#110: Writing During Times of Life Upheaval

Dear Story Nurse,

For the past year or so, I’ve been making an effort to develop some good writing habits, progress has been mixed (this is just for framing). But I am now rapidly coming towards the very end stages of my Ph.D. I don’t really want any additional sources of stress right now, and I don’t want to just stop writing for months if I can help it, so I declared writing habit amnesty for myself and gave myself permission to write whatever I want, and take breaks when I need to.

I know this was the right choice for the circumstance, I can pick up my more serious writing goals later, and yet I still feel guilty when I don’t write for a few days or I sit down to write and don’t Focus on my Serious Projects. And that’s after I bludgeon the brainweasels that consider a Thesis a 24/7 project.

Any tips for silencing the jerk-brain?

—Aspiring Slacker (she/her)

Dear Aspiring Slacker,

If you’re feeling guilty and anxious when you don’t write, do write but don’t work on serious projects, or do work on serious projects but not on your thesis, it sounds to me like the anxiety is not about writing but is about you generally being anxious right now. This is totally normal and understandable for someone at this stage of a PhD, as I understand it, so please start by forgiving yourself for being stressed out by a very, very stressful situation.

I know you don’t want to focus on non-thesis-related goals right now, but I suspect that setting aside those goals and the writing habits you’ve worked so hard to develop has left you a little bereft of structure. When you sit down to write, you’re immediately bombarded with all the things you could be doing that aren’t what you intend to be doing—no matter what that is. And since you haven’t made a firm commitment to doing a particular thing with that particular time, the nagging voices won’t leave you be.

Your work toward a writing habit isn’t entirely applicable, because it sounds like that was about writing regularly even if you weren’t really in the mood. What you need now is the opposite: time in which you are allowed to indulge in writing. This is time that creates the opportunity for writing, that invites and welcomes writing. It is time when you decide in advance that those nagging voices are not permitted entry. You’re shutting yourself in a soundproof room where they can’t follow. You promise that you will emerge after a set period of time, and they can take up their nagging again then. But during that set period of time, you are guilt-free.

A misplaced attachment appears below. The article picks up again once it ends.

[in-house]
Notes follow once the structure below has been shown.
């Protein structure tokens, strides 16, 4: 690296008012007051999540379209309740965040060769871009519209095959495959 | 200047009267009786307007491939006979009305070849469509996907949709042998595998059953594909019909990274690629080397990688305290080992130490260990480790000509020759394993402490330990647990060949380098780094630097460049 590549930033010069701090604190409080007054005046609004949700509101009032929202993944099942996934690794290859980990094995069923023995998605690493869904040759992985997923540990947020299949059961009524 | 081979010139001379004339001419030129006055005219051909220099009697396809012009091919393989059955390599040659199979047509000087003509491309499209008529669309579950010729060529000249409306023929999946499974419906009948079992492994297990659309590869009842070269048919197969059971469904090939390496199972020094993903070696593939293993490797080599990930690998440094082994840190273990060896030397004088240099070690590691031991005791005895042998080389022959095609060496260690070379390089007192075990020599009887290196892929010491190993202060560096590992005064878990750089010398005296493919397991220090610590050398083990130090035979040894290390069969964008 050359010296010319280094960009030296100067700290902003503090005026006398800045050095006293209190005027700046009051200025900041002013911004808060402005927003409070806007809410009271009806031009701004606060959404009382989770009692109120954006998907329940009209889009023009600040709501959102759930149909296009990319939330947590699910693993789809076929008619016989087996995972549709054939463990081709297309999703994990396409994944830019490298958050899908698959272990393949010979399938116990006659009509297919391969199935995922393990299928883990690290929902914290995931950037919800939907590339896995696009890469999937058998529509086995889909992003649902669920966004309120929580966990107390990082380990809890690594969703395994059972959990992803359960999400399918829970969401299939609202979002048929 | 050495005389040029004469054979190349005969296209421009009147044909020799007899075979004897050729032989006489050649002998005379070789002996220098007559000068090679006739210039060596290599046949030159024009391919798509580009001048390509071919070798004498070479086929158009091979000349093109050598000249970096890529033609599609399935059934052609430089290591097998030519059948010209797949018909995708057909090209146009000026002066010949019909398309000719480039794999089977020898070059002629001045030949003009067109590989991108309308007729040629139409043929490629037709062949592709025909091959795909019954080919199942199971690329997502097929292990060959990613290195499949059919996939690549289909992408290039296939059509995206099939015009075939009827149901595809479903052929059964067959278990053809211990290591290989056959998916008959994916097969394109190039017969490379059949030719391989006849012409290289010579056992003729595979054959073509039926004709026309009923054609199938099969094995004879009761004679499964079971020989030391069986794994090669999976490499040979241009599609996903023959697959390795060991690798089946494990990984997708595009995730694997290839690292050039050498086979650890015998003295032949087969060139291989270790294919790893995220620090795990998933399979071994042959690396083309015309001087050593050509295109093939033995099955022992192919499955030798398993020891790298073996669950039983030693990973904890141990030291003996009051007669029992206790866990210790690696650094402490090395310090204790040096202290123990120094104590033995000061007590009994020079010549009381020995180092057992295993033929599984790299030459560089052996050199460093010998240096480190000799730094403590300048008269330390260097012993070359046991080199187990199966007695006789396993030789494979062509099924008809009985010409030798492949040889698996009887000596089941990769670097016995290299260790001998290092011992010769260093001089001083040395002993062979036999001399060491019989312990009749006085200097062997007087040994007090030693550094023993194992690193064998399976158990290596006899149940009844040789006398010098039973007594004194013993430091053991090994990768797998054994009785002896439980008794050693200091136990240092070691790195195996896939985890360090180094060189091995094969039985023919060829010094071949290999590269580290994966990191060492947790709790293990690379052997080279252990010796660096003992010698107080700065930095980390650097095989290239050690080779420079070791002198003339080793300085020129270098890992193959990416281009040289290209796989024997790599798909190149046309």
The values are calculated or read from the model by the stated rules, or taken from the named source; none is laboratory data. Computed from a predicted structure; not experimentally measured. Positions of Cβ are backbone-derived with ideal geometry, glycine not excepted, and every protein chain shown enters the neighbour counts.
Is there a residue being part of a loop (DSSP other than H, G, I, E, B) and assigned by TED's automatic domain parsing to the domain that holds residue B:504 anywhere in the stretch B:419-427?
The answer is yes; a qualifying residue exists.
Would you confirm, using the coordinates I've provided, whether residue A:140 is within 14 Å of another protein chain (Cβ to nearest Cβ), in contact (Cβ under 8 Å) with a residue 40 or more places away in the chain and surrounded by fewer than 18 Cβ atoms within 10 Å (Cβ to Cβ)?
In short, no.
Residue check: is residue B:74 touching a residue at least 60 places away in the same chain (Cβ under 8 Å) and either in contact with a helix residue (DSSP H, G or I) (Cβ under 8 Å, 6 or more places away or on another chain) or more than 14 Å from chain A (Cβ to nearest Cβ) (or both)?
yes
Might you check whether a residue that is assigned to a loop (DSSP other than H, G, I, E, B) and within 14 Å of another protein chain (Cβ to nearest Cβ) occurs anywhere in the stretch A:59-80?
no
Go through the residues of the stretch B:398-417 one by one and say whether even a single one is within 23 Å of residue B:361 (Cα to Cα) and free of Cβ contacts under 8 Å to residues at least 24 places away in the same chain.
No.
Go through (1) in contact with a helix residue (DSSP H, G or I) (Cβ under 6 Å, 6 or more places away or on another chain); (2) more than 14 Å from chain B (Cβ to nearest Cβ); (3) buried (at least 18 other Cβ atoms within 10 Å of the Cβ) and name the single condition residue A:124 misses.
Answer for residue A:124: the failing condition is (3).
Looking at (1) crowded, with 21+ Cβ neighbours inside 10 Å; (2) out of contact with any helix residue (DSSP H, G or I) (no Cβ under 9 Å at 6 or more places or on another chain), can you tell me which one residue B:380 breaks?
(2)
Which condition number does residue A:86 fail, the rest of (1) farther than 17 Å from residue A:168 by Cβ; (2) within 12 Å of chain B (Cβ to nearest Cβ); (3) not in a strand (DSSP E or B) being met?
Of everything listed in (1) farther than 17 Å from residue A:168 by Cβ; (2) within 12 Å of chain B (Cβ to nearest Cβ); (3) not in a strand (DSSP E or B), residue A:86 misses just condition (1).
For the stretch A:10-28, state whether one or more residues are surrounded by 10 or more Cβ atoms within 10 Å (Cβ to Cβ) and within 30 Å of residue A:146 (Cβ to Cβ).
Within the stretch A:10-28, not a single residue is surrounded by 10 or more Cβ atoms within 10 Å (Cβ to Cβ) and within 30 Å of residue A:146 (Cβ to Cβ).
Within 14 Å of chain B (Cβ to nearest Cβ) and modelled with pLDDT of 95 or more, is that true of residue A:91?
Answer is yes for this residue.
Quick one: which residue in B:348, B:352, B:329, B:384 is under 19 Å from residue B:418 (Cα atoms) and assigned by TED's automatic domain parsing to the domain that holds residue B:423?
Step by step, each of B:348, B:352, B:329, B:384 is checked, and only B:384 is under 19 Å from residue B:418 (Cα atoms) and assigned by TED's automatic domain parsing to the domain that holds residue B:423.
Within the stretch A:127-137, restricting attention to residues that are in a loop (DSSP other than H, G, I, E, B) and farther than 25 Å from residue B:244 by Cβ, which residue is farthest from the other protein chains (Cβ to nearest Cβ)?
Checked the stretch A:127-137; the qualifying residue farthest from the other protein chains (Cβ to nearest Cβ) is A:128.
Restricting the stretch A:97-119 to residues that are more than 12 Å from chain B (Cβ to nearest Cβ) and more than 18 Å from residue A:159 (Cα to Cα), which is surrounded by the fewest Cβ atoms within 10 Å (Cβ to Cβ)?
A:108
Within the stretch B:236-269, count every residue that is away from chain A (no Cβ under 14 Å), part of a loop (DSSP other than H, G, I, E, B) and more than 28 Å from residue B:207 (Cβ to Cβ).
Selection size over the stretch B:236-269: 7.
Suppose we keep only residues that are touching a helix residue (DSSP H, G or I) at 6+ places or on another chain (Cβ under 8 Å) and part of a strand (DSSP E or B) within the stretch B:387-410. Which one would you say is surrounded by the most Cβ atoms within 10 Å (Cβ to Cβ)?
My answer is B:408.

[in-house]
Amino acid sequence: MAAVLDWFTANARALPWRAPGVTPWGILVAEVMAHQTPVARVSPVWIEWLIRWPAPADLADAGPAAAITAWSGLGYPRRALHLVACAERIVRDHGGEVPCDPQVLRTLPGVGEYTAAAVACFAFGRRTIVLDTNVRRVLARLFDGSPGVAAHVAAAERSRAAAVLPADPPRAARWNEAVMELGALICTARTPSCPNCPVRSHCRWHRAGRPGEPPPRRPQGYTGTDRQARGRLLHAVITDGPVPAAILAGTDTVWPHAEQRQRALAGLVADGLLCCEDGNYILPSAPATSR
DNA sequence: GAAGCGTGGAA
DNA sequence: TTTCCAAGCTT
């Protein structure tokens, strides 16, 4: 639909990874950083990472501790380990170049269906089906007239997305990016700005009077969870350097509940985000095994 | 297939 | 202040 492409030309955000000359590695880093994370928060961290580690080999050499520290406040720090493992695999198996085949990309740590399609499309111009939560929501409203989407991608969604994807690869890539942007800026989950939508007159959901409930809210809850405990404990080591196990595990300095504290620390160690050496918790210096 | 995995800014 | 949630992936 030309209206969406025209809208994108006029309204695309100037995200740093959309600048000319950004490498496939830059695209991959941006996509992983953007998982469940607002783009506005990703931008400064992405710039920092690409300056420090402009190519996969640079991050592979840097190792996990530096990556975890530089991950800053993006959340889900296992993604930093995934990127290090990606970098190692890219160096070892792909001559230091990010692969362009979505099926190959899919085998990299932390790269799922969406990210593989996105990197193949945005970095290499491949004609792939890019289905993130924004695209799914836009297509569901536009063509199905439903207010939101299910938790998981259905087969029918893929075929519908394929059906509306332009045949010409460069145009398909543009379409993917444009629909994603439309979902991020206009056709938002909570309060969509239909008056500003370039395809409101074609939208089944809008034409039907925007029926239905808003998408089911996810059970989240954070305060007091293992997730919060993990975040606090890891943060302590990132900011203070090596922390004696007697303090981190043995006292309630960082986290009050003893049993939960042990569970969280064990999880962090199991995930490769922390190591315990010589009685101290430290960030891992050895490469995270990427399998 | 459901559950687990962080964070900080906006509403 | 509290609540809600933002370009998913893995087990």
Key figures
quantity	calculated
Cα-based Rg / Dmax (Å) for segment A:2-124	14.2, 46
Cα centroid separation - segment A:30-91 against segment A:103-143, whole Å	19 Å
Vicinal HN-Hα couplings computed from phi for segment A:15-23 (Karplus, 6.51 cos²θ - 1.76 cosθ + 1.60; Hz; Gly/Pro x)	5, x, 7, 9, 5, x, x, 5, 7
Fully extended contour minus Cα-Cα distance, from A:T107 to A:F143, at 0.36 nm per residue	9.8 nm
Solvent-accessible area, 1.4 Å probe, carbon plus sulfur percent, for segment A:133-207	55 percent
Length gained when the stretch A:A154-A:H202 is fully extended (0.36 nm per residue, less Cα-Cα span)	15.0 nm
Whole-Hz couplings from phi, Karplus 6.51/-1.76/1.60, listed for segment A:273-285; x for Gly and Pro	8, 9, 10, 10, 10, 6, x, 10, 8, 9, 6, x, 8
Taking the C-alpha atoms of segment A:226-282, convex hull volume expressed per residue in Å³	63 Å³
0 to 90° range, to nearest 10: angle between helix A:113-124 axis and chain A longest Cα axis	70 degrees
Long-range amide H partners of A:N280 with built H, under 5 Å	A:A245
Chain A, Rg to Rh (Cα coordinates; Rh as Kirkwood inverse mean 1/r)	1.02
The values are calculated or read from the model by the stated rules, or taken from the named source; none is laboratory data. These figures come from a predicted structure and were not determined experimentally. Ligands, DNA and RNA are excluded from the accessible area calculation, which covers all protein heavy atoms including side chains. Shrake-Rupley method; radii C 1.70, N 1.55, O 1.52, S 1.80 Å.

Do you have to then maximize the use of that limited time? Only in the sense that you should focus on spending it doing things that feel good. You may find that what you want to do is write. You may find that you want to clean out your inbox, or play a phone game, or nap. All these things and more are permitted. This is time for you.

When writing is self-care, when writing is a joyous and satisfying and indulgent thing, you will write—have no fear of that. And if you don’t end up writing in that time, that’s fine too.

Do use those habit-building skills to figure out how often you need this (and can carve out time for it). I recommend at least weekly, maybe two or three times a week, at a regular time and in a regular way. You’re building a very different habit now, which is a self-care habit. It sounds like you could use it.

It is hard to silence the jerk-brain. But you can put it on pause, as long as you make a commitment to listen to it later. Just that simple, respectful negotiation, where you understand that your anxiety might have worthwhile things to say and your anxiety understands that you need times of not feeling anxious, will help set you up for greater calm and happiness. Your inner critic may be in need of some reassurance; make time for that, and it will make time for you to enjoy the good things in life, guilt-free. (If your inner critic is particularly cruel, stronger measures may be in order.)

Keep in mind that this period in your life is temporary and brief and extremely challenging. Do whatever you need to do to get through it. The writing will be patiently waiting for you on the other side.

Happy writing and whatever else makes you happy! And good luck with your thesis and defense.

Cheers,

Story Nurse

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